ALL STAR GAMES: 1974, 1994 ARTIFICIAL TURF: 1970-2000 (always)
WORLD SERIES: 1971, 1979
BEEN THERE: I saw Three Rivers Stadium from a distance in 1986, and I saw it up close in August 2000, just five months before it was demolished.
It was probably inevitable that the Pirates would eventually abandon funky old Forbes Field, but the tragedy was compounded in 1970 when they went along with prevailing fashion by building a boring generic "doughnut" stadium as part of a deal with the Steelers football team. The first baseball game was on July 16, just a few weeks after its cloned sibling opened in Cincinnati, 300 miles down the Ohio River. There were a few distinguishing traits worth mentioning, however. The bullpens were located in the right and left field corners, similar to San Diego Stadium, except that Three Rivers Stadium used the the "paired swivelable circular section lower deck" (PSCSLD) configuration. Making room for the bullpens in the corners necessitated two modifications: the extremities of the movable portions of the lower decks were truncated, and the left and right wings of the lower decks were oriented toward each other in a wider angle than at Riverfront Stadium or the other PSCSLD "clones." The dugouts were unusually close to each other, connected by a covered ground-level seating area like in the original seating configuration of Dodger Stadium. Another way in which Three Rivers Stadium stood out was its slightly elliptical shape, which was so subtle that I used to think it was circular. Among the other stadiums of its genre, only Busch Stadium II (St. Louis); Olympic Stadium (Montreal) was obviously oval in shape.
Another difference from Riverfront Stadium was that there were two mezzanine levels, rather than one. In certain sections such as beyond right-center field, however, the two mezzanine levels were combined into one, with regular seats. The "Allegheny Club" on the first base side and other several glass-enclosed suites provided air-conditioned comfort for high-paying club members. As a consequence, the upper deck was 70+ feet above the ground, true "nosebleed" elevation.
The one big positive aspect of Three Rivers Stadium was its location at the scenic confluence of the Alleghany and Monongahela Rivers, just across from the "tip" of downtown Pittsburgh. As with the Cincinnati Reds, the new stadium galvanized the Pirates, who were constant championship contenders during the 1970s, when they won six divisional titles and two World Series (1971 and 1979). Roberto Clemente was the Most Valuable Player on the former occasion, and in the following year he hit his 3,000th career hit on the last day of the 1972 season. Three months later, on New Year's Eve, this true hero died in a tragic plane crash en route to help earthquake victims in Nicaragua.
The other Pirate Hall-of-Famer from that era, Willie Stargell, is the only batter to have hit more than one home run into the very high upper deck at Three Rivers Stadium; he did that four times. The triumphant 1979 season is remembered for the "We Are Family" anthem that defined the spirited emergence of a New (post-industrial) Pittsburgh. Energized by rookie slugger Barry Bonds (!), the Pirates won three divisional titles again in the early 1990s, but failed to make it back to the World Series.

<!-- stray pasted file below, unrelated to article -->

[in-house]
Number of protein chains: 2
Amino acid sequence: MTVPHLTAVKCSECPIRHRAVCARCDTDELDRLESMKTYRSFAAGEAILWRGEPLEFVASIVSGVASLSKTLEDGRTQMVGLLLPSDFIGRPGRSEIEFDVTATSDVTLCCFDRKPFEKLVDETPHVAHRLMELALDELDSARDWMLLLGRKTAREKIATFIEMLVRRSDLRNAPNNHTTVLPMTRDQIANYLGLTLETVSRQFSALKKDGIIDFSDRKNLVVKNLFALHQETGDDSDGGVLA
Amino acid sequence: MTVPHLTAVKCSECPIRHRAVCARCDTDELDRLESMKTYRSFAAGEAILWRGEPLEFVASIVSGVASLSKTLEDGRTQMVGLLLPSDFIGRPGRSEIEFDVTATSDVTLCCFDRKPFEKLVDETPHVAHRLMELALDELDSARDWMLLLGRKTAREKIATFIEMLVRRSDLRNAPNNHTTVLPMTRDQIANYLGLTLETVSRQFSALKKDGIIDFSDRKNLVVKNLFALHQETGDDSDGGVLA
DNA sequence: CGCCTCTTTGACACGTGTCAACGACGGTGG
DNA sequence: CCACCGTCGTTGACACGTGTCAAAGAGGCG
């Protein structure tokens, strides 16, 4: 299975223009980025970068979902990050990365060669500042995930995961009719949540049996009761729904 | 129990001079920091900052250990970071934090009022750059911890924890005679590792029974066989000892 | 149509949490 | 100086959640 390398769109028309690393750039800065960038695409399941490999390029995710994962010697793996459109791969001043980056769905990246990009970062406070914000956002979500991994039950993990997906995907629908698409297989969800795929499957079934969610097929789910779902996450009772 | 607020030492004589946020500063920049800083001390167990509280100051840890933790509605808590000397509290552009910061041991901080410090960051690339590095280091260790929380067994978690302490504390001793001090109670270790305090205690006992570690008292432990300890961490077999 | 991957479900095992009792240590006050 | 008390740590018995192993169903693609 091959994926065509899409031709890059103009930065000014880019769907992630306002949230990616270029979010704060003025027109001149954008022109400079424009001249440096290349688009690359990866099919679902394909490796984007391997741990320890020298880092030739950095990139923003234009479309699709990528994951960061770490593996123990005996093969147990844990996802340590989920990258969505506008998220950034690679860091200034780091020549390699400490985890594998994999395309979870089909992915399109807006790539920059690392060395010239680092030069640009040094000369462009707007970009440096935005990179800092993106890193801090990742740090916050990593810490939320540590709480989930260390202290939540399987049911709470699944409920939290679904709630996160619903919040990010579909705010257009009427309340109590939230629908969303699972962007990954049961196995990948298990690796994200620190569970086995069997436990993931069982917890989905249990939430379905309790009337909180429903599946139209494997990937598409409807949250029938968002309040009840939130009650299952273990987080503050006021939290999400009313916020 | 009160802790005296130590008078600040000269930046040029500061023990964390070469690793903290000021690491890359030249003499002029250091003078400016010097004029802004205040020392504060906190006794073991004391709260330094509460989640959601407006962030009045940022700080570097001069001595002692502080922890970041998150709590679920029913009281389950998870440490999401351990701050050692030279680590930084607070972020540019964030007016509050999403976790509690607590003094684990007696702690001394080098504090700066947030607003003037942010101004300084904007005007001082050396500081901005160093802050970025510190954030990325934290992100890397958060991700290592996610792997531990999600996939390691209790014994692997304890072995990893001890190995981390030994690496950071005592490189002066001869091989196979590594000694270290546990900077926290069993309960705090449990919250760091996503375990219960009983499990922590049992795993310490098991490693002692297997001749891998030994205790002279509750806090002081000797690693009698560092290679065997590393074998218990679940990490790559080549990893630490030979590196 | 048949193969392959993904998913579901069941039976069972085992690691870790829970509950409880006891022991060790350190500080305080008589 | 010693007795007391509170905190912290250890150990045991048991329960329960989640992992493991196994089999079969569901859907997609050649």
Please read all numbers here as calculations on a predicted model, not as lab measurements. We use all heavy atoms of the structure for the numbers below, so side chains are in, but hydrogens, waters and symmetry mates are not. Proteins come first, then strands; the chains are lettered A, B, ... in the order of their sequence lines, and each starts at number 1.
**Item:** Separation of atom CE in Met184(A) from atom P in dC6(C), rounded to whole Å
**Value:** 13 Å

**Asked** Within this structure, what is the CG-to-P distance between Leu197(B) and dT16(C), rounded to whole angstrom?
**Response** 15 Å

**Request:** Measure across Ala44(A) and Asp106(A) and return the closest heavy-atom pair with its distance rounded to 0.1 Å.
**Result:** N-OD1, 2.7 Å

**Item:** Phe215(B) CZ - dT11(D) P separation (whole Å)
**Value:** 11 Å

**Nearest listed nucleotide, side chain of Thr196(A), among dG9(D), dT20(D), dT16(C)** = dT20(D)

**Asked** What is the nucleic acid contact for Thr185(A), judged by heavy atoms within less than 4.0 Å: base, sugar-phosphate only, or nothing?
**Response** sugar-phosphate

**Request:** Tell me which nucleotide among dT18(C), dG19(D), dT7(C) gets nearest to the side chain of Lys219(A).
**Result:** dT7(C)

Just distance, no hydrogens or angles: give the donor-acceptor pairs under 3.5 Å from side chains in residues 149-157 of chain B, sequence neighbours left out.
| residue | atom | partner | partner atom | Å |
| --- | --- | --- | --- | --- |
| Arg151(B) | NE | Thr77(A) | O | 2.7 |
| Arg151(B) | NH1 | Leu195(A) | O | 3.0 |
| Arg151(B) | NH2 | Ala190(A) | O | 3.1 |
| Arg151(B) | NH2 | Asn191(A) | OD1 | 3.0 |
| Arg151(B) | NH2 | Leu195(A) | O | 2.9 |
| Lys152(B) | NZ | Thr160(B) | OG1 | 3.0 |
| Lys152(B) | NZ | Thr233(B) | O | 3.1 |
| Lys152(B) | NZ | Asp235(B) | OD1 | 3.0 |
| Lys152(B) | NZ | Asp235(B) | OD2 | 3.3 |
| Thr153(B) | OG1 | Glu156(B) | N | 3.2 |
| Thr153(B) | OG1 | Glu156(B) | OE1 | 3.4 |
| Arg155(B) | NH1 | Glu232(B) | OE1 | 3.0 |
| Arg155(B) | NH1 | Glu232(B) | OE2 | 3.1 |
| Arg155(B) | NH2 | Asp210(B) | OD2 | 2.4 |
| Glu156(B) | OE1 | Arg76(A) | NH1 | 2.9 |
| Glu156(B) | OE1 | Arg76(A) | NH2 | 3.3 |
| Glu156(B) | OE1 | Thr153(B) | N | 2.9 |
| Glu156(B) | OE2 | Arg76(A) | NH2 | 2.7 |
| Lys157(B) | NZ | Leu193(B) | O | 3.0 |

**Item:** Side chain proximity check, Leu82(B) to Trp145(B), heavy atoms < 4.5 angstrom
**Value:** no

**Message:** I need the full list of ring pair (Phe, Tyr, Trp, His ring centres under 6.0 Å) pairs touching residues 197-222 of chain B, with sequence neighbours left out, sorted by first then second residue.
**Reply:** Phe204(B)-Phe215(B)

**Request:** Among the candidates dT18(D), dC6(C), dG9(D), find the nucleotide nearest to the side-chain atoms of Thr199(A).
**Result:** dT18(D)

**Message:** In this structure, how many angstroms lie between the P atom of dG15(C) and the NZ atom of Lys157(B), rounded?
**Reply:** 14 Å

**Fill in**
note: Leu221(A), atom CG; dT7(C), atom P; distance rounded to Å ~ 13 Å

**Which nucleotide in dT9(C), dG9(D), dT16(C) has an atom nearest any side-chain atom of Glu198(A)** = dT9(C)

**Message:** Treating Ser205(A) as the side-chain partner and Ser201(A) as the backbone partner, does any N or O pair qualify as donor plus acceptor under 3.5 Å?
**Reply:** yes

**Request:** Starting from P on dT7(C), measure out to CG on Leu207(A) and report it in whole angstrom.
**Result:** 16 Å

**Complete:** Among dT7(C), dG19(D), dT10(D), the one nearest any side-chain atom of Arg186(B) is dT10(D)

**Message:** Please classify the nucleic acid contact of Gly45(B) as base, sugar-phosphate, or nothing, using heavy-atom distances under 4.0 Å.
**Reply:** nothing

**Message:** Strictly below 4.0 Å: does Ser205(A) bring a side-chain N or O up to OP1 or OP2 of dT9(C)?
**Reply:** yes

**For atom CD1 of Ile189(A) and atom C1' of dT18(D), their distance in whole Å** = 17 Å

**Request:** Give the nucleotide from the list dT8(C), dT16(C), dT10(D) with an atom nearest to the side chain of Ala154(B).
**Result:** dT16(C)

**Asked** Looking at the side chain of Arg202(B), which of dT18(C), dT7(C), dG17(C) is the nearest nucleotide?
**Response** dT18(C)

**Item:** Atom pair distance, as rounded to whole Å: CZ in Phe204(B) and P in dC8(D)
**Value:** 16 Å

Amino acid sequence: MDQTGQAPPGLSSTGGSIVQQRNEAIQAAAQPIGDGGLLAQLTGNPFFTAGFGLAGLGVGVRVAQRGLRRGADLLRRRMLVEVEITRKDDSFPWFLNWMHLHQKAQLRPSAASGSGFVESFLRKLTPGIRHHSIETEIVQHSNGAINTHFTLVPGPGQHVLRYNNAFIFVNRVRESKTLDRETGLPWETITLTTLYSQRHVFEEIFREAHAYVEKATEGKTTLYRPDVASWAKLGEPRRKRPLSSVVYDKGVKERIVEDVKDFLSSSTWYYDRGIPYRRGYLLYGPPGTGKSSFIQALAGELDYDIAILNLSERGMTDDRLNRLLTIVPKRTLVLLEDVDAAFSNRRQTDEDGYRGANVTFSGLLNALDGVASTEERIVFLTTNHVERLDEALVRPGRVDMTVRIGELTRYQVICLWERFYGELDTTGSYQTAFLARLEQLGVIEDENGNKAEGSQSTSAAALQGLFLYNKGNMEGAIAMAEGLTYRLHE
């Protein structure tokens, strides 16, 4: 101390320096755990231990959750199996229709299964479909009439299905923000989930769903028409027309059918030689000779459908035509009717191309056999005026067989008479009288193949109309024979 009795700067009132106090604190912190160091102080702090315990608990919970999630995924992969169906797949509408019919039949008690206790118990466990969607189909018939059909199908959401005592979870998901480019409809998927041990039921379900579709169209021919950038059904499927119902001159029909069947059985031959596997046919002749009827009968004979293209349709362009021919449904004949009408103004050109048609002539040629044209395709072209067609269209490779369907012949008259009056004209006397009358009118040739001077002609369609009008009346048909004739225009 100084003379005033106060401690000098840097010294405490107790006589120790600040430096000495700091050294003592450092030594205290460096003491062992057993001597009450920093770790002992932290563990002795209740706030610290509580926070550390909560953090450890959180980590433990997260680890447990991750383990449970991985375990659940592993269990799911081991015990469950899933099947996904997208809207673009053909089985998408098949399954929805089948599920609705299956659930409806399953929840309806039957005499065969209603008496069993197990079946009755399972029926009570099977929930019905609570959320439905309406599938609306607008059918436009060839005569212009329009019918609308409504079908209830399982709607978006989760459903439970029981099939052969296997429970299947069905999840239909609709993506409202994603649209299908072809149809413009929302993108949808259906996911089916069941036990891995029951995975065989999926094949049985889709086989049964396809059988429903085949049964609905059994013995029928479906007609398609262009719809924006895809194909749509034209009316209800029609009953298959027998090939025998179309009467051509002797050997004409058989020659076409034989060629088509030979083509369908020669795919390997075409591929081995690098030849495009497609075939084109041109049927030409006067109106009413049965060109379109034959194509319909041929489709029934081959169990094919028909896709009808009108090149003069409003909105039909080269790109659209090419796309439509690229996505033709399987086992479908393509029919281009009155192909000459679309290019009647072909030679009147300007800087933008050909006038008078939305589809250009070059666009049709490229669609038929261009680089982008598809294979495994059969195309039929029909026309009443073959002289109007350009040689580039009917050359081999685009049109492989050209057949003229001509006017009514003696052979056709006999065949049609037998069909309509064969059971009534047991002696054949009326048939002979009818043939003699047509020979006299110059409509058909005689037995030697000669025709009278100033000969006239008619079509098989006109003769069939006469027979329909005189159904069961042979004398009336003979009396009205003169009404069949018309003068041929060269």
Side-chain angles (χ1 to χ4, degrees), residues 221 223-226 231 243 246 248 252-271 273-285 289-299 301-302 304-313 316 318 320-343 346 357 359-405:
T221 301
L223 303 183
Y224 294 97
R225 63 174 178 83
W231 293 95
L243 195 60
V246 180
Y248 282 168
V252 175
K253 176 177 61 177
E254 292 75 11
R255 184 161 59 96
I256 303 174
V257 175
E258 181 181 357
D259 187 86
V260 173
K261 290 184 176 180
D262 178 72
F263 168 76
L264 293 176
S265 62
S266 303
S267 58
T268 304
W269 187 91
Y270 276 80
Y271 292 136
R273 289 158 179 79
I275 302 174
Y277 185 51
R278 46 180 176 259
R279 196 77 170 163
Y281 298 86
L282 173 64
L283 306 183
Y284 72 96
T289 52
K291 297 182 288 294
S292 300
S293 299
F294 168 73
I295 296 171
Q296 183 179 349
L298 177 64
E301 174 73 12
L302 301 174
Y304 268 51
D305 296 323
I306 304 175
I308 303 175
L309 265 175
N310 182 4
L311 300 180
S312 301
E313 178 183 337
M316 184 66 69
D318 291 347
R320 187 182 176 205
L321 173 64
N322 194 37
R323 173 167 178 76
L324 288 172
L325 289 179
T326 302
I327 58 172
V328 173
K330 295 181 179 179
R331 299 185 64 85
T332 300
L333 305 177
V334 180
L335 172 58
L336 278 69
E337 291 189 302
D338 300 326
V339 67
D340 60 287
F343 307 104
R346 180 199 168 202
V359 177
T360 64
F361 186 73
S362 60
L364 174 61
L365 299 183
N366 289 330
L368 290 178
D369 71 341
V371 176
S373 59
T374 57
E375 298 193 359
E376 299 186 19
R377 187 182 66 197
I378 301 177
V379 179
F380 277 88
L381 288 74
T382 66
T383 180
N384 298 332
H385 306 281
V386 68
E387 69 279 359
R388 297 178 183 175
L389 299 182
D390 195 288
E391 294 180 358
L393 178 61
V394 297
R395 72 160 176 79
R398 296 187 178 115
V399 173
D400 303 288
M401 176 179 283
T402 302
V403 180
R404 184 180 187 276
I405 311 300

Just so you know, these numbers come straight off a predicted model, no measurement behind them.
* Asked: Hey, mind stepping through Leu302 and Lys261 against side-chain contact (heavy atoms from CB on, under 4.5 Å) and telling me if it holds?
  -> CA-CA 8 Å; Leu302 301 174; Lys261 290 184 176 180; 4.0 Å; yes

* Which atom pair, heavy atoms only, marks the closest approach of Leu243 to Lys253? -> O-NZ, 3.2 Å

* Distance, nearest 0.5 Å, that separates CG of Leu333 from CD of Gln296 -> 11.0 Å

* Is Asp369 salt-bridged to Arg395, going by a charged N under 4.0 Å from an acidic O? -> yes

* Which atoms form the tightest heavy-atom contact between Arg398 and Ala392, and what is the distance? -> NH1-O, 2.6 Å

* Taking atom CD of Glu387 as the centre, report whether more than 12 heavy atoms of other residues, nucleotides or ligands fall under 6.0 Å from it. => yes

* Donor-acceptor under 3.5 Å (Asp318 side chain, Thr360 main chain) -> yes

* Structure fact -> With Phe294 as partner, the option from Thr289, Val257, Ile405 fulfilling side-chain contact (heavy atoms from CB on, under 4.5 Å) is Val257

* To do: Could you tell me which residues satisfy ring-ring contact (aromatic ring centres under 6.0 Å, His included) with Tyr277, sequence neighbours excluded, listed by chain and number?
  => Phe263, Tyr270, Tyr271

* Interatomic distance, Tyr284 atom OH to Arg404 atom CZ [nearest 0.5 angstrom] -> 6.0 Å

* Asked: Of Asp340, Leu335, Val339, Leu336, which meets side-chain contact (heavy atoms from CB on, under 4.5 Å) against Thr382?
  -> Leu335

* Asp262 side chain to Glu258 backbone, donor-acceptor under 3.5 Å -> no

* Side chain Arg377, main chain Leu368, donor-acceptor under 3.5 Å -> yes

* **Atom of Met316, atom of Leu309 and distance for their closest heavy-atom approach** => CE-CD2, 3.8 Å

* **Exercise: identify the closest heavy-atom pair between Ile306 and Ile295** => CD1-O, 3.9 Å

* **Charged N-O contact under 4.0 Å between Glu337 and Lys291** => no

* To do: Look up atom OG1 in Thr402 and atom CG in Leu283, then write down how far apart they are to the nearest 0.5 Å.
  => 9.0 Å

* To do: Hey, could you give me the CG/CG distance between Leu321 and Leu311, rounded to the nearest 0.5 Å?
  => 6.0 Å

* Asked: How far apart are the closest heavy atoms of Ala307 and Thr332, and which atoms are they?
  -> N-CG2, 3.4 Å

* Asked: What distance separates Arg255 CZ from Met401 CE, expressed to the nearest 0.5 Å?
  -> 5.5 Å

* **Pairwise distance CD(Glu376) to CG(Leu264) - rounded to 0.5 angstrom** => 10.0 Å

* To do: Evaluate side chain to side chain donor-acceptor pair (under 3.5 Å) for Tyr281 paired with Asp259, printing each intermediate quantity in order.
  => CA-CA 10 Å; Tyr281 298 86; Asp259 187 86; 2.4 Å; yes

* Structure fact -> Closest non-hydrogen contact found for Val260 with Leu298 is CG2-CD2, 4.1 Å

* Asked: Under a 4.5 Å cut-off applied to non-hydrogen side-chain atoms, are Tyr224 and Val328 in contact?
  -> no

There was only one notable modification to the playing field during this stadium's history: in 1975 the outfield fence was brought in by ten feet to make room for additional seats in center field; the distances were reduced by five feet in each corner. In 1983, a new Diamond Vision scoreboard was installed in the upper deck of center field, occupying the top twelve rows. Large advertising billboards were put on the front edge of the roof right above that, the exterior side of which had time and temperature displays. (See Photo #2 below.) During the 1980s, the capacity grew by about 9,000 from the original figure of about 50,000, part of which was accomplished by adding more rows of seats in back of the 300 (orange in diagram above) and 400 (red in diagram above) mezzanine levels, from near the left foul pole to right-center field. In the latter years, four rows of seats were added between the dugouts, covering the warning track behind home plate. For baseball games, however, that was surplus capacity. Like other teams saddled with mostly-empty dual-use stadiums, in 1993 the Pirates covered most of the outfield upper-deck seating sections (and the upper parts of the sections near the foul poles) with a decorative tarp. Consequently, for the last few years of this famous stadium's history, the seating capacity for baseball games declined from about 59,000 to about 48,000. At about the same time the Pirates built a statue outside Three Rivers Stadium to commemorate their beloved hero and martyr, Roberto Clemente.
Three Rivers Stadium was not as well suited for football, ironically. Because of the small size of the movable portion of the lower deck and the absence of any retractable seating sections (virtually unique among dual-use stadiums), there were big gaps at the corners of the football field, putting fans far from the action. (At Riverfront Stadium, in contrast, retractable seating sections filled those gaps in the corners.) Small temporary bleachers were sometimes placed in the corners on the "infield" side for football games, but otherwise the capacity for baseball and football games was virtually the same. A few months after Three Rivers Stadium was demolished via explosives (in February 2001), the Steelers moved into brand-new Heinz Field next door.
SOURCES: Lowry (2006), Pastier (2007), Dow (2002) calendar, Gershman (1993), USA Today / Fodor's (1996)